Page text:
OpinionColumn

Uniting against hate: Lessons from Squirrel Hill’s resilience

In the face of unspeakable tragedy, a community can rise above hatred, embracing education, unity and empathy as tools for transformation.

A makeshift shrine to the victims of the mass shooting at Tree of Life*Or L’Simcha Synagogue in Pittsburgh. Credit: Brendt A. Petersen.
A makeshift shrine to the victims of the mass shooting at Tree of Life*Or L’Simcha Synagogue in Pittsburgh. Credit: Brendt A. Petersen.
Steve Rosenberg
Steve Rosenberg
Steve Rosenberg is principal of the GSD Group and board chair of the Philadelphia Jewish Sports Hall of Fame. He is the author of Make Bold Things Happen: Inspirational Stories From Sports, Business and Life.

Five years have passed since that dreadful day on Oct. 27, 2018, when the tranquility of my hometown in the Squirrel Hill neighborhood of Pittsburgh was shattered by a massacre at the Tree of Life Synagogue. Eleven Jewish worshippers were shot and killed during Shabbat-morning services. As a product of this closely-knit neighborhood, the scars of that tragedy remain etched in our hearts. However, the remarkable resilience that has emerged from the ashes continues to inspire. On this solemn fifth anniversary, I reflect on how Squirrel Hill’s enduring spirit can guide us in the ongoing battle against Jew-hatred, using our community’s initiatives as a template for change.

  1. Community-Based Education: Education is the cornerstone of progress, and our neighborhood has embraced this truth wholeheartedly. Squirrel Hill’s schools have embarked on a mission to integrate Holocaust education into their curricula, ensuring that the horrors of the past are never forgotten. This effort not only imparts historical knowledge but fosters empathy and critical thinking. By extending this model, other communities can prioritize comprehensive education on the Holocaust and the broader history of anti-Semitism. These lessons can be augmented with personal testimonies from survivors and their families, bridging the gap between history and human experience.
  1. Interfaith Engagement: Squirrel Hill has long been a hub of religious diversity, and the Tree of Life tragedy prompted us to strengthen our bonds across faiths. Interfaith gatherings—where individuals from different religious backgrounds come together to share their experiences and common values—have become a norm. These events spark conversations that dispel misconceptions and promote understanding. Such interactions challenge stereotypes and build bridges, eroding the foundation of Jew-hatred. Communities worldwide can adopt this practice, encouraging interfaith dialogue that unites rather than divides.
  1. Online Counter-Narratives: In the digital age, combating hatred extends to the online realm. Squirrel Hill’s residents recognized this and took action by launching social-media campaigns that spread messages of tolerance and solidarity. Harnessing the power of social platforms, they pushed back against the venomous rhetoric of hate groups. By consistently amplifying counter-narratives, we can create a digital space that champions inclusivity and actively dismantles stereotypes. Online education modules, engaging videos, and interactive websites can serve as tools to educate against Jew-hatred, reaching a wider audience and fostering a more informed online community.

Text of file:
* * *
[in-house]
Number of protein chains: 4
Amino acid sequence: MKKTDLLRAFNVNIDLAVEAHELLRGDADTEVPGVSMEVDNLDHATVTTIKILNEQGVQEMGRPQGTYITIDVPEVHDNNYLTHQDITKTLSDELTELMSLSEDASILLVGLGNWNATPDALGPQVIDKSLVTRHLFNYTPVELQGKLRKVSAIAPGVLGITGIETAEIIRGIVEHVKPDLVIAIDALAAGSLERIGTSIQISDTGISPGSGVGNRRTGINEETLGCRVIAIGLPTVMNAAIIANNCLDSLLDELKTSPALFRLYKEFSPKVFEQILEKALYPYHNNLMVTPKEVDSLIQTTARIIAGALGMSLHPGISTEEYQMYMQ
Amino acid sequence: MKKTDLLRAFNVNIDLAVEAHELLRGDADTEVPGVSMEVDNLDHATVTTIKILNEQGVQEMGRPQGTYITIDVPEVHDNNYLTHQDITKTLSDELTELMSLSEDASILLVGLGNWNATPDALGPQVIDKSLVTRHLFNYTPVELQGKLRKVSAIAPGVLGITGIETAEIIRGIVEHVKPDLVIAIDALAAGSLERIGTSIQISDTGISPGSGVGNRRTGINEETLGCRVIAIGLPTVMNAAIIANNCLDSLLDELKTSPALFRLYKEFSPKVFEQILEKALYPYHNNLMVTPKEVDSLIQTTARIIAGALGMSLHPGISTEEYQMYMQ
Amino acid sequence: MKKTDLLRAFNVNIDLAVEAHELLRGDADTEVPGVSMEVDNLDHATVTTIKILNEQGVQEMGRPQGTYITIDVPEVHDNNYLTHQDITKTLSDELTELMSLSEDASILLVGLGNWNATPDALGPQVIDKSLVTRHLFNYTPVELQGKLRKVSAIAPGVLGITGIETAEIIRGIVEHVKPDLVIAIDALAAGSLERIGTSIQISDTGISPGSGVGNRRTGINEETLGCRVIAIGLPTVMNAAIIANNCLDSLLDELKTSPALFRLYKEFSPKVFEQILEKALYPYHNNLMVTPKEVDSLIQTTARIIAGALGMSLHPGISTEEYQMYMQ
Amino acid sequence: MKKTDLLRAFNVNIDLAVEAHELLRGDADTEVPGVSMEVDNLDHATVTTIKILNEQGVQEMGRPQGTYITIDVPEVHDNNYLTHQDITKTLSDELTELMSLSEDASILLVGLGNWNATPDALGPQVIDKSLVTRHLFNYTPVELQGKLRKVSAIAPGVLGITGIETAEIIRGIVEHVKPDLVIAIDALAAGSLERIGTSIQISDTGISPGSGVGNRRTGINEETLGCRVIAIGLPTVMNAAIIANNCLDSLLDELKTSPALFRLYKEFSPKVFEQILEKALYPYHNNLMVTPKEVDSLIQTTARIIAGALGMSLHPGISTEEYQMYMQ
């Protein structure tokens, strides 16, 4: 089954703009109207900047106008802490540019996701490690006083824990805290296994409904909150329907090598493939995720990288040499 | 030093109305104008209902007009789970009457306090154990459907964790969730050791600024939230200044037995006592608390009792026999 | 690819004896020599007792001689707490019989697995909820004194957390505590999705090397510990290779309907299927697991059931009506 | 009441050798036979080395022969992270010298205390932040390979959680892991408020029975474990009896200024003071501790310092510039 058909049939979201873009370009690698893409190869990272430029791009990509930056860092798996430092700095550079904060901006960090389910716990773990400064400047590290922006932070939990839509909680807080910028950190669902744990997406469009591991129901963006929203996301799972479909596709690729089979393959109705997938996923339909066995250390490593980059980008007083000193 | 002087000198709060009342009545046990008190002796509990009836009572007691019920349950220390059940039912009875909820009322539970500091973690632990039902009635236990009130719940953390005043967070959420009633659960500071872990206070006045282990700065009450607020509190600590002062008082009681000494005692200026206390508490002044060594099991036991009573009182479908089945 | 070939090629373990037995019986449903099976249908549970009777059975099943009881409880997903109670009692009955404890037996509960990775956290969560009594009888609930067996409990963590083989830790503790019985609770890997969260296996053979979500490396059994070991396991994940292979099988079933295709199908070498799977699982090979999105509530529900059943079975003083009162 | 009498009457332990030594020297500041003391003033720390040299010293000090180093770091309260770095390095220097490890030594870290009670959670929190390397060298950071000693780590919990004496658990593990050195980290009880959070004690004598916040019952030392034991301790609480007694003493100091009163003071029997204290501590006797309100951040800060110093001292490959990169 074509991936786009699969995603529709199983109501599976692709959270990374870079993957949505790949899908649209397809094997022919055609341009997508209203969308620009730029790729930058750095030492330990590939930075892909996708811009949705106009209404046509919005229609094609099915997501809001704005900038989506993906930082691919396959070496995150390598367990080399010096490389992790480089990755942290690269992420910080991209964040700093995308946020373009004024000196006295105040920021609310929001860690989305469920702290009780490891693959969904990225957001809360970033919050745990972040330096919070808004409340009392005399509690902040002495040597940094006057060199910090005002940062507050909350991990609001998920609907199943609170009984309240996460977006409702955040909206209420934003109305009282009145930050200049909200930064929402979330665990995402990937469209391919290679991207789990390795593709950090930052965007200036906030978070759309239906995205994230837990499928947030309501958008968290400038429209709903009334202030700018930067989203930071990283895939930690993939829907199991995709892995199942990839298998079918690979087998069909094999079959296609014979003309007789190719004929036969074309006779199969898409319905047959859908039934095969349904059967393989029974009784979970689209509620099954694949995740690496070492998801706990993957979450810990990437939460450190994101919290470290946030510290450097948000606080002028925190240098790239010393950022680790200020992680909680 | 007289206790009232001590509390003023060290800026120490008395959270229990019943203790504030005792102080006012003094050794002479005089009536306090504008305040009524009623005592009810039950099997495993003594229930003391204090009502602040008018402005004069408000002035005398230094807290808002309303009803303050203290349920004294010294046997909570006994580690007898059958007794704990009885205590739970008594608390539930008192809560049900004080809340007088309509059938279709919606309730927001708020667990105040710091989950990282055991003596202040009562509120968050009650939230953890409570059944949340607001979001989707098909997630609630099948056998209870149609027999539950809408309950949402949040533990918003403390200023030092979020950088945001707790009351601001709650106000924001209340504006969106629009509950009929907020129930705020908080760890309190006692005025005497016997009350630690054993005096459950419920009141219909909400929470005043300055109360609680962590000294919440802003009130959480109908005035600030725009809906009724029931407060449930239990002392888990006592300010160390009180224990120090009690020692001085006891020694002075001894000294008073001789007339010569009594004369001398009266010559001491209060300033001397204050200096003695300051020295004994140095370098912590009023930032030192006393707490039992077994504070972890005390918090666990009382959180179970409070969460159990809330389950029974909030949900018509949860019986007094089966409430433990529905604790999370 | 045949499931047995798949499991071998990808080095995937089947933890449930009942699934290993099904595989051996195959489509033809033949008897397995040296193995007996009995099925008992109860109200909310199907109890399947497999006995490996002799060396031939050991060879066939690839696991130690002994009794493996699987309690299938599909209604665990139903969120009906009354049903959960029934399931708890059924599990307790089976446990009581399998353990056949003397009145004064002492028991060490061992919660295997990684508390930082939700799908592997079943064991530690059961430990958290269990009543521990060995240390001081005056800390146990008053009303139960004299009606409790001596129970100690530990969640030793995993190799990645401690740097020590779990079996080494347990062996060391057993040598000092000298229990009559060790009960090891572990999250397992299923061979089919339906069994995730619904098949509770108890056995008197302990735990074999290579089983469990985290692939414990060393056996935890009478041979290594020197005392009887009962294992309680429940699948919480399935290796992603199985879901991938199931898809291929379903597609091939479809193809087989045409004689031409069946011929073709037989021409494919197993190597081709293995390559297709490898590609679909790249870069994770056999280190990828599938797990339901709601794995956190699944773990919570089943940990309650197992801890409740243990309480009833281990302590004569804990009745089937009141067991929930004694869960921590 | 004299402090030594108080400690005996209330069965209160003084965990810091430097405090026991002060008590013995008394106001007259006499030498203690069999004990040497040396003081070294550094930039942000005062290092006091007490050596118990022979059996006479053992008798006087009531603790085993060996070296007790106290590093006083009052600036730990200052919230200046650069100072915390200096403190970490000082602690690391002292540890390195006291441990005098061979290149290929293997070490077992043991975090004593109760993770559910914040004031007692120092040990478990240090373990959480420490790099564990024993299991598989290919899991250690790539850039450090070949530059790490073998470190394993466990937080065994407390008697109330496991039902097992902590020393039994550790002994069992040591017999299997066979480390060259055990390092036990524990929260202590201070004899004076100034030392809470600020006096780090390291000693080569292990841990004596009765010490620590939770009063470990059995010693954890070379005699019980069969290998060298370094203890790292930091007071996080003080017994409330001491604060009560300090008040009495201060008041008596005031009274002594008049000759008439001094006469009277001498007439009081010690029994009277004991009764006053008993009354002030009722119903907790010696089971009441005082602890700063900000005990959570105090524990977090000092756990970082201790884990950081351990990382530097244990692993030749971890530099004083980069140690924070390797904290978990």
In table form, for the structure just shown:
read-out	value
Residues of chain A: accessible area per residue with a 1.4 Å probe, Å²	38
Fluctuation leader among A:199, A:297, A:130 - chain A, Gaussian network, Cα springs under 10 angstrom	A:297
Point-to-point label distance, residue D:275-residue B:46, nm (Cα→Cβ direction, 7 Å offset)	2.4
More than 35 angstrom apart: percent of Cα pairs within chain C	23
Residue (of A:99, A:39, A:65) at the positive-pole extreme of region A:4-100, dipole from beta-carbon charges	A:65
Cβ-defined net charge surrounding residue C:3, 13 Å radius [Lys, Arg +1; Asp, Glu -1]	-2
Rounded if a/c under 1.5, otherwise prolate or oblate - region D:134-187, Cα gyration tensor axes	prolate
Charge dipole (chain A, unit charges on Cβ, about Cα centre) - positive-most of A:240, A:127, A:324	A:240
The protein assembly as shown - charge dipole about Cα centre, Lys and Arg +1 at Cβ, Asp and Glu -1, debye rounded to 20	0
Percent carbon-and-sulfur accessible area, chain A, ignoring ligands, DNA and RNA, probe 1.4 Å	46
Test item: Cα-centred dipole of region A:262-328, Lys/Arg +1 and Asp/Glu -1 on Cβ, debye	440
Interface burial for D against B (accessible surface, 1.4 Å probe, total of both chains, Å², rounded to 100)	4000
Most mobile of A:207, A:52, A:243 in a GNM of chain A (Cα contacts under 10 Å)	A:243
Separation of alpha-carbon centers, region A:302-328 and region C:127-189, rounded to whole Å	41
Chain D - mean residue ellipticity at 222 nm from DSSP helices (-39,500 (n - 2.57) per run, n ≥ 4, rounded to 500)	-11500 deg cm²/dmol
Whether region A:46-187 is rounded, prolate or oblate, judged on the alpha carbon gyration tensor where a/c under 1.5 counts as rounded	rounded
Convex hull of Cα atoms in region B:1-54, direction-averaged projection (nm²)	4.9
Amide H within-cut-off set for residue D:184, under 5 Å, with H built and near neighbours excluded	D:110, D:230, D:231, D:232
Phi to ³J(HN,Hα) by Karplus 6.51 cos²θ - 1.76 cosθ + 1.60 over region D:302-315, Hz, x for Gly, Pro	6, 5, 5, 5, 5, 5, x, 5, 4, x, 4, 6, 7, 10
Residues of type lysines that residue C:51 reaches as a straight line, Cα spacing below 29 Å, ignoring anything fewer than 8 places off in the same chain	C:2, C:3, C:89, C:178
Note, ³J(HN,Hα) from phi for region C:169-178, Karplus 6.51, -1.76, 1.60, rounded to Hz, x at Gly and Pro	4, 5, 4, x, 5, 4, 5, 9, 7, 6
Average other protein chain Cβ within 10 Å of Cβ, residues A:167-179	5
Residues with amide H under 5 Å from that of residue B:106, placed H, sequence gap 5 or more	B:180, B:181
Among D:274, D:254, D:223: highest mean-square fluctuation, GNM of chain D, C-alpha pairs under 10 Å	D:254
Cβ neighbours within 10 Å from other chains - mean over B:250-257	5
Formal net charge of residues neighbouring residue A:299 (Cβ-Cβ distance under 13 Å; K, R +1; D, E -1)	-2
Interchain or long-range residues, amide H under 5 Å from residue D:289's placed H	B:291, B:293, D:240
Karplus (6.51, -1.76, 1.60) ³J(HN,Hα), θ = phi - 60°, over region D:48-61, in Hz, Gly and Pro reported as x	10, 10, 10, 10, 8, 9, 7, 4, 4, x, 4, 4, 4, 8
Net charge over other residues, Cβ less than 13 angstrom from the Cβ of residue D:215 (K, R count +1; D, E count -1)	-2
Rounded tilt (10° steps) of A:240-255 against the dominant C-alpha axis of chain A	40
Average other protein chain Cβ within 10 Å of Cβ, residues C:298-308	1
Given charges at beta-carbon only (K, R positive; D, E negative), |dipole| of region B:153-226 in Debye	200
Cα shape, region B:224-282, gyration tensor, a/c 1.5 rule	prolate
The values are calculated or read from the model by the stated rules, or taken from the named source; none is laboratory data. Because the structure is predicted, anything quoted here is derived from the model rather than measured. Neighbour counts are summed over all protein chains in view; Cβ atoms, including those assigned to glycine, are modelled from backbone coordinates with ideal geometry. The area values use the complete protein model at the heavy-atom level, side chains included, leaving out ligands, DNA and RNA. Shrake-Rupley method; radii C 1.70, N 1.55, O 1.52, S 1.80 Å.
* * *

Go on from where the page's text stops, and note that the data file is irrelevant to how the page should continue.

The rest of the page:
1. Grassroots Initiatives: Our community’s response to the tragedy was marked by grassroots initiatives, each driven by a burning desire for change. Community organizations hosted seminars, workshops and panel discussions that facilitated candid conversations about the roots of hatred and how to uproot them. These gatherings encouraged introspection and empowered individuals to confront their biases. Adopting this approach, communities can establish local task forces or organizations dedicated to addressing hate speech and discrimination. By pooling resources and engaging with experts, they can create a sustained movement that pushes for policy changes and public-awareness campaigns.

This is not a cure-all, nor is it a recipe for guaranteed success. We all must be diligent and power forward together. As a people, we are approximately 16 million worldwide—less than 2% of the total population—yet Jews make up well over 55% of all hate crimes. This is an unimaginable statistic that must not go unanswered. While I try to present some reasonable ideas here, we need leaders willing to stand up and stand against the haters. Institutions like the City University of New York, which doubles down at every possible turn by hiring anti-Israel, Jew-hating professors and allowing antisemitic students to serve as leaders, go unchallenged. This cannot continue.

As the fifth anniversary of the mass shooting approaches, the legacy of Pittsburgh stands as a beacon of hope. It reminds us that even in the face of unspeakable tragedy, a community can rise above hatred, embracing education, unity and empathy as tools for transformation. By following this example, we can take meaningful steps towards a future free from the scourge of antisemitism and Jew-hatred.

The journey ahead is not an easy one. Jew-hatred continues to rear its ugly head in various forms—from online hate speech to violent acts against Jewish communities. Squirrel Hill teaches us that through resilience and unwavering determination, we can counteract these forces of darkness. As a product of this community, I continue to be committed to fostering change by championing education, dialogue and community-building in the face of hatred. By doing so, we honor the memory of the victims while paving the way for a more tolerant and just world. The 11 beautiful lives deserve a world where we all do better.

The opinions and facts presented in this article are those of the author, and neither JNS nor its partners assume any responsibility for them.
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